Spin City: The Competition

The fun starts at 4:00 in…

The City Council challenges Mike and the Mayor’s office to a competition to see who can feed the most homeless people turkey dinners (Mike: “Did she just question….my stones?”). The loser has to perform a song at a press event. During some great, typical sitcom setup Mike and crew are Daffy Duck’d into picking the worse shelter, have to improvise their cooking, and deal with personal issues, including James’ girlfriend (played by Jennifer Garner) coming to visit him from home. The absolute payoff of this episode comes after the credits, when Mike and the Mayor’s office have to sing “So Long Farewell” from The Sound of Music at a press event, having lost the bet. Their deadpan delivery of this song is one of the funniest events in the show’s run.

Aqua Teen Hunger Force: The Dressing

The Cybernetic Ghost of Christmas Past from the Future (aka “Hustlin’ Tom Turkey”)

Yes this absurdist show had a Thanksgiving episode, and it’s a great one. The Cybernetic Ghost of Christmas Past from the Future returns in a new “sleek turkey body” interrupting the Aqua Teens’ Thanksgiving dinner with Carl (he stayed outside for fear of catching “some disease,” though his roll was wet…). During typical Aqua Teens nonsense the story told by TCGoCPftF’s story is disassembled and he’s discovered to be a malfunctioning “Hustlin’ Tom Turkey.” Though apparently his old sock is still laser-guided… The story ends as dozens of Tom Turkey descend on the Aqua Teens’ home only to be sent next door to Carl’s where they unleash laser-guided sock vengeance upon him for eating a turkey leg. It’s ridiculous, hilarious, and contains a burned taco pie. What else could we want?

BONUS! Addams Family Values

As a bonus I have to bring up Addams Family Values. Not only is this one of the rare sequels superior to the original film, but it also has one of my favorite Thanksgiving moments in media history. Sure a lot of people point to other movies as “Thanksgiving Movies” (Sorry, I don’t like Planes, Trains, and Automobiles…) but how many of those have an original Thanksgiving play including a song?! Not just any song but a great song.  Yes, a turkey just yells at the audience to “Eat ME!”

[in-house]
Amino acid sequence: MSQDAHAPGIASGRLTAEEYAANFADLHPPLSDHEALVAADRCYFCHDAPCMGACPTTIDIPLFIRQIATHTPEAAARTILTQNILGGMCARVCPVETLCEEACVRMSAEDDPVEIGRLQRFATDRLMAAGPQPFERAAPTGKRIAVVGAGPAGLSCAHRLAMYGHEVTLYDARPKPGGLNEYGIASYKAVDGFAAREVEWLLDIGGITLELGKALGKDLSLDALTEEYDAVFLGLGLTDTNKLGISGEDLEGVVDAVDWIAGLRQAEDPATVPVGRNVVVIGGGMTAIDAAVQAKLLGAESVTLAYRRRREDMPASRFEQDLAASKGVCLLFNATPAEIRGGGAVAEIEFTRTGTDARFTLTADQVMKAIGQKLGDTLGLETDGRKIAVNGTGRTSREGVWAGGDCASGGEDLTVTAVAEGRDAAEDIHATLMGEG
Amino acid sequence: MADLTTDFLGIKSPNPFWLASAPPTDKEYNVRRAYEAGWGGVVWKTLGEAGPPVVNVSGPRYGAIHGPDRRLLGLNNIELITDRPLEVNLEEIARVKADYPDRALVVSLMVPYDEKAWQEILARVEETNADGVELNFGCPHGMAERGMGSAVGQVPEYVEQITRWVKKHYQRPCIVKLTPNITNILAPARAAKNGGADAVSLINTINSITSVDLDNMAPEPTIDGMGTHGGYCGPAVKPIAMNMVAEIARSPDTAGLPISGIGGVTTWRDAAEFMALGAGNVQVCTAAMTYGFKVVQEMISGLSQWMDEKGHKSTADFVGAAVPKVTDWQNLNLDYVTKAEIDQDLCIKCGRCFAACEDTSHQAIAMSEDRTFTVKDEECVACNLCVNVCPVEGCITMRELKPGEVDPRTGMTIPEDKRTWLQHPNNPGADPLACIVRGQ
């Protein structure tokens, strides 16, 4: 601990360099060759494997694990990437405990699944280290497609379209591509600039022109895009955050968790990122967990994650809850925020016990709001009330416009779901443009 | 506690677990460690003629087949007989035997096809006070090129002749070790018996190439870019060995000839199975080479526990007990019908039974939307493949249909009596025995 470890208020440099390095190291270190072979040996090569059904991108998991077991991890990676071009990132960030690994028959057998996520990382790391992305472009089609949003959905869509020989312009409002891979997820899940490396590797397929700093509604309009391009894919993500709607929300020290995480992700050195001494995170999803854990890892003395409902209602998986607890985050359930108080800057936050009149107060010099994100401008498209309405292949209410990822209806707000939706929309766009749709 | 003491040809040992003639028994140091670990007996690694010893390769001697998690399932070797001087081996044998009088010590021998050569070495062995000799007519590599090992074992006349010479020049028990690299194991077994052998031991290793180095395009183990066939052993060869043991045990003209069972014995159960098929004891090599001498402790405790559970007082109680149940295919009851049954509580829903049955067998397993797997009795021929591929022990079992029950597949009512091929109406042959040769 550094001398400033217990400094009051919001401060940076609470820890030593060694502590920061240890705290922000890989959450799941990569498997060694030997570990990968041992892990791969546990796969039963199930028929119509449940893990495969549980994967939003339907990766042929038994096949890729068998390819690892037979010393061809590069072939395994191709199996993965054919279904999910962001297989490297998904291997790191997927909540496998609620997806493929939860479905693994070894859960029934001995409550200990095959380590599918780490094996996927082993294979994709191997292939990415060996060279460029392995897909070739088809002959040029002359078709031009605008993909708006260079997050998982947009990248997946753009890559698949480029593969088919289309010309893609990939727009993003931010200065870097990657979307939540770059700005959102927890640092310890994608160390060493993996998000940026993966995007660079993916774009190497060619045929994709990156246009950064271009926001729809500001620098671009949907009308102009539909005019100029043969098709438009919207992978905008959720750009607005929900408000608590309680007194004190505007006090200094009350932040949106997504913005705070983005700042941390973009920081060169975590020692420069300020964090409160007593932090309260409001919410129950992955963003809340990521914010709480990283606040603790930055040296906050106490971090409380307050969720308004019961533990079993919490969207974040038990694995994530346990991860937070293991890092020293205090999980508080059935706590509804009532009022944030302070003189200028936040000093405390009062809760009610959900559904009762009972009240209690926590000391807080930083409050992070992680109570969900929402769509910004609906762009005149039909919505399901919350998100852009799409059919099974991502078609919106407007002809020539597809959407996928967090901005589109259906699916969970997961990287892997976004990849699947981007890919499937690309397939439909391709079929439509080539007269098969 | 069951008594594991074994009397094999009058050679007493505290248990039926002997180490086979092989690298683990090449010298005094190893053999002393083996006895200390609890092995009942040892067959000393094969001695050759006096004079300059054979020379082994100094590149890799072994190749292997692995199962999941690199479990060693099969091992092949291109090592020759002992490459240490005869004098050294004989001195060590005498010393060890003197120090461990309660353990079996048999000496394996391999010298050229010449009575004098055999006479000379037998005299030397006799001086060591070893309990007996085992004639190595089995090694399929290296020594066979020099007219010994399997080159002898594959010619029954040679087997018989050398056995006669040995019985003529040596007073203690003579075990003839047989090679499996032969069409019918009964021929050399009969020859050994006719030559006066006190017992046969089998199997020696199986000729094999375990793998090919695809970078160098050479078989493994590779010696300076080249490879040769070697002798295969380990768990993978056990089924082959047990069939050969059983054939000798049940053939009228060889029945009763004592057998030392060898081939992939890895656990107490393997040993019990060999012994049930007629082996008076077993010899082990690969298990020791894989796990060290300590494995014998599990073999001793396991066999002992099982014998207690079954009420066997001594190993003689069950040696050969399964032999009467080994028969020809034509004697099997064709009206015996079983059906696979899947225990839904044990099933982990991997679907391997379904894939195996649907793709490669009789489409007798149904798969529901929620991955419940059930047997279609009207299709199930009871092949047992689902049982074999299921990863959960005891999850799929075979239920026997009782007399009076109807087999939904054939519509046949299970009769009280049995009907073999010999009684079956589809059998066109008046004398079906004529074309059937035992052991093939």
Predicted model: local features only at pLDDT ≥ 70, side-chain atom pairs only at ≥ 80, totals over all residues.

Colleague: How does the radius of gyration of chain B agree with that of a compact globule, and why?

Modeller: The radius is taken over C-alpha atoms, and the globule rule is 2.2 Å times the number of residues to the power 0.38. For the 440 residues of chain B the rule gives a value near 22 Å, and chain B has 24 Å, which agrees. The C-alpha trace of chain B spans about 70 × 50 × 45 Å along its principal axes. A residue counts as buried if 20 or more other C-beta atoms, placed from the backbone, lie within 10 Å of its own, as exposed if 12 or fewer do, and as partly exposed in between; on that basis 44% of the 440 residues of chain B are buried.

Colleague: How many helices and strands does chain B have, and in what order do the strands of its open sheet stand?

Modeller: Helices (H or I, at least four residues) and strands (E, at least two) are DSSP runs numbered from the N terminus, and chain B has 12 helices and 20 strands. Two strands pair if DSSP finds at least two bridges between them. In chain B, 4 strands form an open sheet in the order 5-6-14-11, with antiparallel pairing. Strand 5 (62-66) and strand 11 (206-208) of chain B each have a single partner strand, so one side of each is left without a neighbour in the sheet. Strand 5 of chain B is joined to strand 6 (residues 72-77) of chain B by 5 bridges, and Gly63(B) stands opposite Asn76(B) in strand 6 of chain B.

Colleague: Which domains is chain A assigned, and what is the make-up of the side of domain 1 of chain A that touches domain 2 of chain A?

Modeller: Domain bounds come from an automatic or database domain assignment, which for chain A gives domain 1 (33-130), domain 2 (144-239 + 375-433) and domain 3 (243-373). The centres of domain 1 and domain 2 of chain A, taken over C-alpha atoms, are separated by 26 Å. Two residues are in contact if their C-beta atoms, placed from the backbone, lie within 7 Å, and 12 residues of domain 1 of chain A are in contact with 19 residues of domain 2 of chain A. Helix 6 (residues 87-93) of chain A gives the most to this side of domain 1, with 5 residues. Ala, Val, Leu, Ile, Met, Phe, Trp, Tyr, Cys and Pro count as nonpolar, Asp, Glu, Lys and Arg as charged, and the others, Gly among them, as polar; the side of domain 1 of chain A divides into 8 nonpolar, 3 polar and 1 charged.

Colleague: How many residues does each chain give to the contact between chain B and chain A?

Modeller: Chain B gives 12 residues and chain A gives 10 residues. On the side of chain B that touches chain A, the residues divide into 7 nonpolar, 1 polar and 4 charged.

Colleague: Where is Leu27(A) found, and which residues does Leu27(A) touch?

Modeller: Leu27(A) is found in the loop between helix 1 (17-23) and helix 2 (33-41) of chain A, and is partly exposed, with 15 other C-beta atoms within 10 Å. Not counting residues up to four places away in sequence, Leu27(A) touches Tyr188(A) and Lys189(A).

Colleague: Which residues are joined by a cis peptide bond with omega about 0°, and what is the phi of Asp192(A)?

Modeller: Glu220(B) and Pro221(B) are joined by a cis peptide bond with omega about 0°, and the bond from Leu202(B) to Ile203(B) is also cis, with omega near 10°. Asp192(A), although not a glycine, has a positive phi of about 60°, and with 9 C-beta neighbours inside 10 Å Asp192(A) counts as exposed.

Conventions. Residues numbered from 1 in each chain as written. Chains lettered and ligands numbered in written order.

Remembering Wes Craven

What may seem like old news to most of the world still lingers at RevPub. As lifelong horror fans, the news of Wes Craven’s passing stuck us pretty hard. I even cried, which I normally don’t do for people I don’t know. However, I felt he knew me.

Wes Craven
Photo: movieline.com

That’s what was so difficult to accept. His passing wasn’t just of an adored horror director. It was the end of an era – the end of some of the best horror ever. The end of a legend.

As a teenager, I of course saw Scream in theaters. I ruined the ending for my RevPub partner – sorry James – and it took teen audiences by storm. It was the ’90s version of Halloween. It was the ’80s version Friday the 13th. And it came from someone who had already given the world Freddy and his Nightmares on Elm Street. It captured a new generation and created millions more horror fans.

The Screams and Nightmares never my favorites though. My favorite Wes Craven film is The People Under the Stairs, and it has been since I was a child. It was my Goonies. In fact, I had seen People a dozen times before I had seen Goonies. If you’ve seen both, you’re probably thinking ‘wtf?’ because People is an incredibly child-violent movie. I’m proud of that fact though.

Fool People Under the Stairs
Photo: cinapse.co

I owe my child horror movie cannon to my Dad because he was an avid fan. I was reading Stephen King at 9 years old. I was terrified of IT by 8, but People resonated with me in a different way. It didn’t scare me. It was a wonderful adventure of horrible adults, thieves, and triumphant kids. I would also argue it is one of the best socially themed movies in my lifetime. Rich white people driving out poor black people, and the community unites against them. All while the rich white people are hunting children. Powerful stuff.

The plot spoke to me. I grew up without much money. My parents struggled to pay bills, and we moved A LOT. By the time I entered high school, I had attended seven schools. I didn’t have the latest clothes, and my parents could not buy me whatever I wanted. But it was all okay.

That’s why I love People Under the Stairs. The movie addresses abuse, poverty, racial tension, and the dynamic between ‘parents’ and children. It addresses how society overlooks kids – often forgetting them and their feelings – and as a kid at the time, it empowered me. The movie gave me hope that I too could overcome my obstacles. I could escape.

More than 20 Years Later

I rewatched it when I heard the news to show my respect. As an adult, this is still one of my favorite horror movies. It’s very funny in a messed-up way. Plus, Ving Rhames from Pulp Fiction – my favorite movie of all time – plays a major part and says some awesome one-liners. The People Under the Stairs takes us on a twisted adventure with kids who try to escape a house full of passages, traps, and killers. The kids avoid shotguns, a large dog, two adults hunting them, all while trying to find gold coins. People is as much as an adventure movie as The Goonies, just bloodier.

Wes Craven understood people. He understood fear. Fear lives within everyone, no matter your age, race, identity, or social class. Fear can unite or break us. And Wes knew how to help us release it …

With a heavy heart, I hope he rests peacefully and knows his legend will always live in the hearts of horror fans worldwide. No one will replace him, and we at RevPub thank him for making us cringe and laugh – and for making us stronger.